TRIM5alpha-mediated block of HIV-1 production

  • Ikeda, Yasuhiro H (PI)

Project: Research project

Project Details


Human immunodeficiency virus type 1 (HIV-1) is the major cause of acquired immunodeficiency syndrome in
humans. Rhesus monkey TRIM5alpha (rhTRIM5a) is a potent intrinsic anti-retroviral factor which targets
incoming HIV-1 capsid and promotes its premature disassembly. rhTRIM5a comprises an RBCC domain and a
B30.2(SPRY) domain, and sequences in the B30.2(SPRY) domain dictate the potency and specificity of the
restriction. Since rhTRIM5a recognizes proteolytically processed capsids in incoming virions, it was believed
that rhTRIM5a blocks only the early phase of the HIV-1 life cycle. Contrary to this general consensus, we have
recently discovered that rhTRIM5a, but not its human orthologue (huTRIM5a), potently blocks HIV-1 production
by reducing the levels of Gag proteins in producer cells. Unexpectedly, the rhTRIM5a RBCC domain, but not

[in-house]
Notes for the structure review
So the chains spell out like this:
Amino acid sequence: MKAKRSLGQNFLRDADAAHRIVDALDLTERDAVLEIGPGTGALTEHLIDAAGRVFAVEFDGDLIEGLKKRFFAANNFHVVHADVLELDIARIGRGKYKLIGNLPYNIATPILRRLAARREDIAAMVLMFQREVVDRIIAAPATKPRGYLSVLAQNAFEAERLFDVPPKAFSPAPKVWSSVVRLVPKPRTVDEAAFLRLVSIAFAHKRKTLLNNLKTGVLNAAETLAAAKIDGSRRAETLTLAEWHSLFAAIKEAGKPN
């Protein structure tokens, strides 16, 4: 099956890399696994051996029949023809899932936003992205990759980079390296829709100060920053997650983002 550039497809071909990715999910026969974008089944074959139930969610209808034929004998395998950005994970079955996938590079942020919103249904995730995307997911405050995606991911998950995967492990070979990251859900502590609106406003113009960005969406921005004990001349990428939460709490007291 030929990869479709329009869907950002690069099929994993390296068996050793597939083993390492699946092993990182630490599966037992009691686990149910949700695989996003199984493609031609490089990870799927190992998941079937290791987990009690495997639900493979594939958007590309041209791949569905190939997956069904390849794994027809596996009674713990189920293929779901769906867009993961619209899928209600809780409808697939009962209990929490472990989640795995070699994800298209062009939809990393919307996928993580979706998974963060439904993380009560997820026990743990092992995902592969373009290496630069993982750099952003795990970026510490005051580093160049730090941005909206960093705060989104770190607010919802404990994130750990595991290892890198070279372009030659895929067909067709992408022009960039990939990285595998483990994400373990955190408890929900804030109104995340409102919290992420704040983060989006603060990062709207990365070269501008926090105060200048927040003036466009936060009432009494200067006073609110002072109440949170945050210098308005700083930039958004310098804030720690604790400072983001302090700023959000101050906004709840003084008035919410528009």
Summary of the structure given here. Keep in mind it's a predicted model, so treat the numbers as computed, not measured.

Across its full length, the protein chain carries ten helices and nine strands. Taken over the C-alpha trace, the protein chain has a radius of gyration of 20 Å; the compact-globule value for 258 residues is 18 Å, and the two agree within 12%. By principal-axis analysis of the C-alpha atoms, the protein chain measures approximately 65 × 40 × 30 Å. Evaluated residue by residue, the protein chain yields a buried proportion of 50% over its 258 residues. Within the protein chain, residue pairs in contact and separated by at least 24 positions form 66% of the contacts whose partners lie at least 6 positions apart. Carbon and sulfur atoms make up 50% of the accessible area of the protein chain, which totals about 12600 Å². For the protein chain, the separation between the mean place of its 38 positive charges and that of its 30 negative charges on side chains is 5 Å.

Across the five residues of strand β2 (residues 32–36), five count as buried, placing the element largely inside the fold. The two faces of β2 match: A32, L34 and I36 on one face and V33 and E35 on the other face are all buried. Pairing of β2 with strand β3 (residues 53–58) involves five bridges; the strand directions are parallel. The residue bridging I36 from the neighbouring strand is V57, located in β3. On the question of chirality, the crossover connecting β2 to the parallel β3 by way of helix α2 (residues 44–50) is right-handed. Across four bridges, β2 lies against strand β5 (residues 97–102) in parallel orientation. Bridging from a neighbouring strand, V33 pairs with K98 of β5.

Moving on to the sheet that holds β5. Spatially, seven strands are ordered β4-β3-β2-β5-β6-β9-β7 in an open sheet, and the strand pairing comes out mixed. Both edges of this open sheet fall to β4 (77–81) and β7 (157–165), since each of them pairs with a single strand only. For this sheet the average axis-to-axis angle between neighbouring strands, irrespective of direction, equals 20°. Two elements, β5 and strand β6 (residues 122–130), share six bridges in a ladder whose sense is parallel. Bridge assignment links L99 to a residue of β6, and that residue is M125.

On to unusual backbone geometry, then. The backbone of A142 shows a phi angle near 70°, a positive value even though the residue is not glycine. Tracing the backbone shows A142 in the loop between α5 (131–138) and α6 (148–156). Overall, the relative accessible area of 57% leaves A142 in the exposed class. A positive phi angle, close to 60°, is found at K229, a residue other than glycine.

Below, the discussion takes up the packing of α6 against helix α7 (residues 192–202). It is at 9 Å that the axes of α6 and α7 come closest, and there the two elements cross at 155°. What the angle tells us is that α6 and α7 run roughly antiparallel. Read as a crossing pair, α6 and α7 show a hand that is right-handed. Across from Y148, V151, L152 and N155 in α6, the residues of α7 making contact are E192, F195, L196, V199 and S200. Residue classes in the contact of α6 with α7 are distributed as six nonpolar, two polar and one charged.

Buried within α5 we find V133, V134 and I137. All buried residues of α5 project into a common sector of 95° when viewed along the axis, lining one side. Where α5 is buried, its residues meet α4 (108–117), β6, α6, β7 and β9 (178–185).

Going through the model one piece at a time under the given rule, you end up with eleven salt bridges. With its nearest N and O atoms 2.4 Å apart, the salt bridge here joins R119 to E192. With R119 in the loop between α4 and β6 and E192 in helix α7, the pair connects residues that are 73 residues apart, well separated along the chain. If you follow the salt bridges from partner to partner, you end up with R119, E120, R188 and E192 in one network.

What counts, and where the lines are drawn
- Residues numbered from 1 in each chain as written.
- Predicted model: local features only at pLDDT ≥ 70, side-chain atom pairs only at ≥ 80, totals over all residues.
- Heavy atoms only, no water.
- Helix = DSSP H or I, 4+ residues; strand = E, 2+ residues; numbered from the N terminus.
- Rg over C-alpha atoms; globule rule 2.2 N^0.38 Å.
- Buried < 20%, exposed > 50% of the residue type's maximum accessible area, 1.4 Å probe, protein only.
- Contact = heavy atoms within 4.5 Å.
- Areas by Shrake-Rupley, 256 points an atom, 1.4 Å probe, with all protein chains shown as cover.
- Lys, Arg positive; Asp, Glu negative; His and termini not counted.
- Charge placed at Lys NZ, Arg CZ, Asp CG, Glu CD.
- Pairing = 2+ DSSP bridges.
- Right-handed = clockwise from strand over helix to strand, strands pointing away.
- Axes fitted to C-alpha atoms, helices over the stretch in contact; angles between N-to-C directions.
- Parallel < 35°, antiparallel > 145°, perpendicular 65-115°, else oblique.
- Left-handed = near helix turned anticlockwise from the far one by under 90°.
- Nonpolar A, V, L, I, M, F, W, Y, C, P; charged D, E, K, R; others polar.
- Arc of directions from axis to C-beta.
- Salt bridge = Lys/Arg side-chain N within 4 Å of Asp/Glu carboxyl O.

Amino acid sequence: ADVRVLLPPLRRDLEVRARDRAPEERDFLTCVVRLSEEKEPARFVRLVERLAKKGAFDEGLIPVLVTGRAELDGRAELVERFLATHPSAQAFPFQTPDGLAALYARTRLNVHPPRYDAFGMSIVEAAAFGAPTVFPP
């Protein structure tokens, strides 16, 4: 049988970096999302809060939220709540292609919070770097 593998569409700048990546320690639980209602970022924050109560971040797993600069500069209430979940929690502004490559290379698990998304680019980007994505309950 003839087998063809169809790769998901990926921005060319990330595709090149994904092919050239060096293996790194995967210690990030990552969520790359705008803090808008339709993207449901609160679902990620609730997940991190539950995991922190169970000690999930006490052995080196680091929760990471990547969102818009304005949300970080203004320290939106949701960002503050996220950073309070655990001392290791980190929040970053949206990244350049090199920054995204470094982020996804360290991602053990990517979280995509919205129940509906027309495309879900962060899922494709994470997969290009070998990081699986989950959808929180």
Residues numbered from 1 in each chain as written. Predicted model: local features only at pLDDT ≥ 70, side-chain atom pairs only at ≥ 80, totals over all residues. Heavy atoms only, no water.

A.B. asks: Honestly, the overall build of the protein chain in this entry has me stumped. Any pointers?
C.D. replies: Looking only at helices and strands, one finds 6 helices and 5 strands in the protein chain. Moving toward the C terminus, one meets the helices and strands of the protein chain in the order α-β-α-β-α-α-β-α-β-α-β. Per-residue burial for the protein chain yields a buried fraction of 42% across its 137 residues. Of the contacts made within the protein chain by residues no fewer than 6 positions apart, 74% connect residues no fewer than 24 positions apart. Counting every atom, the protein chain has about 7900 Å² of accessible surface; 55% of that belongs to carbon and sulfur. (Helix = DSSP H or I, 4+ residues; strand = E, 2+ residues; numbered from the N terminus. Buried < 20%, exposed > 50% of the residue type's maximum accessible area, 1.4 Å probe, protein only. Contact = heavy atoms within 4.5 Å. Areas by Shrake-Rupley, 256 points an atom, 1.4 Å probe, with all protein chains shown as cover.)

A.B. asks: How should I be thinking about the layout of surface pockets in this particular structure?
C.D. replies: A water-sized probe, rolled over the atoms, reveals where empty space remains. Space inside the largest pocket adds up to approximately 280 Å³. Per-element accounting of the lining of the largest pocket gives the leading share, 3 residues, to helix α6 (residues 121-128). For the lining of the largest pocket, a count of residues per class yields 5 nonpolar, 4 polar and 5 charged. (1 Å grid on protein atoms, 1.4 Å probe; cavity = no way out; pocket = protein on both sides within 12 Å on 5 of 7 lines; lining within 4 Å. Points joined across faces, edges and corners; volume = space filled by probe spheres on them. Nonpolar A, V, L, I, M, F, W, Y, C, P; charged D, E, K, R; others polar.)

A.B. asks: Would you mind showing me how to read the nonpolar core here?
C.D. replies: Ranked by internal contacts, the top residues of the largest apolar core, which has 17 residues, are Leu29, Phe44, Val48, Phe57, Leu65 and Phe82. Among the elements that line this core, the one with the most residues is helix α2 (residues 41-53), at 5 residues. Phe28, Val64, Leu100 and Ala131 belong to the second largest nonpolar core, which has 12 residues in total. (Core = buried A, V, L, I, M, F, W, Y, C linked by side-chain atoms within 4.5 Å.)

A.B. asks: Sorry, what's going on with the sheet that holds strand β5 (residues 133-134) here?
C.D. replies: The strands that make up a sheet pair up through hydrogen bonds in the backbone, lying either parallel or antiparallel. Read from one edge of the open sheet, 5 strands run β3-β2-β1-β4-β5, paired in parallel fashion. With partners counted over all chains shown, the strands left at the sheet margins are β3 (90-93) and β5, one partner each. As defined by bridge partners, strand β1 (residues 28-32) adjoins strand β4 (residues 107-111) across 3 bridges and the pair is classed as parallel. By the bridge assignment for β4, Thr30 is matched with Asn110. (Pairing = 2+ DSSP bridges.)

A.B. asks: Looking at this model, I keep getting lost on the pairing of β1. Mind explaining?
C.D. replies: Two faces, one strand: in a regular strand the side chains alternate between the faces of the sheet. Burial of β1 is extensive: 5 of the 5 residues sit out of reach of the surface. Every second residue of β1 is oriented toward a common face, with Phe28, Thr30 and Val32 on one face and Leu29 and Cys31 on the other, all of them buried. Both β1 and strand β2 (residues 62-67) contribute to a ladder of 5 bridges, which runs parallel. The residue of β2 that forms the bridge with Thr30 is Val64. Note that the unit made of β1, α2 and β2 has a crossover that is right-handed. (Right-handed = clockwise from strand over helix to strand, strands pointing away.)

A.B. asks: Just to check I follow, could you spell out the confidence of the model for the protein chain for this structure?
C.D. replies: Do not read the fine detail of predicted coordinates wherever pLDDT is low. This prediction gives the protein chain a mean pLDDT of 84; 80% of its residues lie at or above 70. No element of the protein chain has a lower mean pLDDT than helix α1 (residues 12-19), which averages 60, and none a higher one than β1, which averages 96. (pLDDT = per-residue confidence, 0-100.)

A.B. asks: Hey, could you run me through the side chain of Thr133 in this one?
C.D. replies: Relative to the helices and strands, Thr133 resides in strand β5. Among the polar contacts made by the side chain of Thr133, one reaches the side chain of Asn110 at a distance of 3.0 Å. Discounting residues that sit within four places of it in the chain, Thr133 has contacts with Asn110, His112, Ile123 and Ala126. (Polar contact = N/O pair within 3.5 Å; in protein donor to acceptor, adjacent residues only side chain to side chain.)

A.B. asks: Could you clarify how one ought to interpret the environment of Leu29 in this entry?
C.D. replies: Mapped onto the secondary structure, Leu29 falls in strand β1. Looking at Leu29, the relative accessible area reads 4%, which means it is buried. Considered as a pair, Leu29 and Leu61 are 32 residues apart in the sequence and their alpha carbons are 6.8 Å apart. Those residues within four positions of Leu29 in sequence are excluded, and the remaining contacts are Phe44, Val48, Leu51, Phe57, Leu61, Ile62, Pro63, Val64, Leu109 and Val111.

the B30.2(SPRY) domain, plays a pivotal role in the block of HIV-1 production. Moreover, when HIV-1 Gag is
over-expressed, encapsidation of rhTRIM5a is observed in viral-like particles made with HIV-1 Gag
polyproteins, suggesting the interaction between rhTRIM5a and HIV-1 Gag polyprotein during viral production.
Our long-term goal is to develop novel intervention strategies to block HIV-1 replication based on
understanding of anti-HIV-1 activities of host restriction factors. The overall goal of this application is to
understand the underlying molecular mechanisms of the rhTRIM5a-mediated block of HIV-1 production; a clear
understanding is essential for any rational attempt to block virus production by small molecules.
Our central hypothesis is that rhTRIM5a interacts with HIV-1 Gag polyprotein before viral assembly and
promotes rapid degradation of Gag, thereby blocking HIV-1 production. Specific aims are; 1) to characterize
the nature and biological relevance of the rhTRIM5a-mediated block on lenti/retroviral production, 2) to
determine the essential biological properties of rhTRIM5a for the block of HIV-1 production, and 3) to
determine how rhTRIM5a reduces the levels of HIV-1 Gag in the producer cells. Accomplishing the specific
aims outlined in this proposal should lead to considerable insights into how rhTRIM5a blocks HIV-1 production
and it will also reveal potential targets for HIV-1 therapy. For instance, it may be possible to develop molecular
strategies which transform huTRIM5a into an effective inhibitor of HIV-1 production.
Effective start/end date9/15/088/31/10


  • National Institutes of Health: $339,975.00


  • Medicine(all)
  • Immunology and Microbiology(all)


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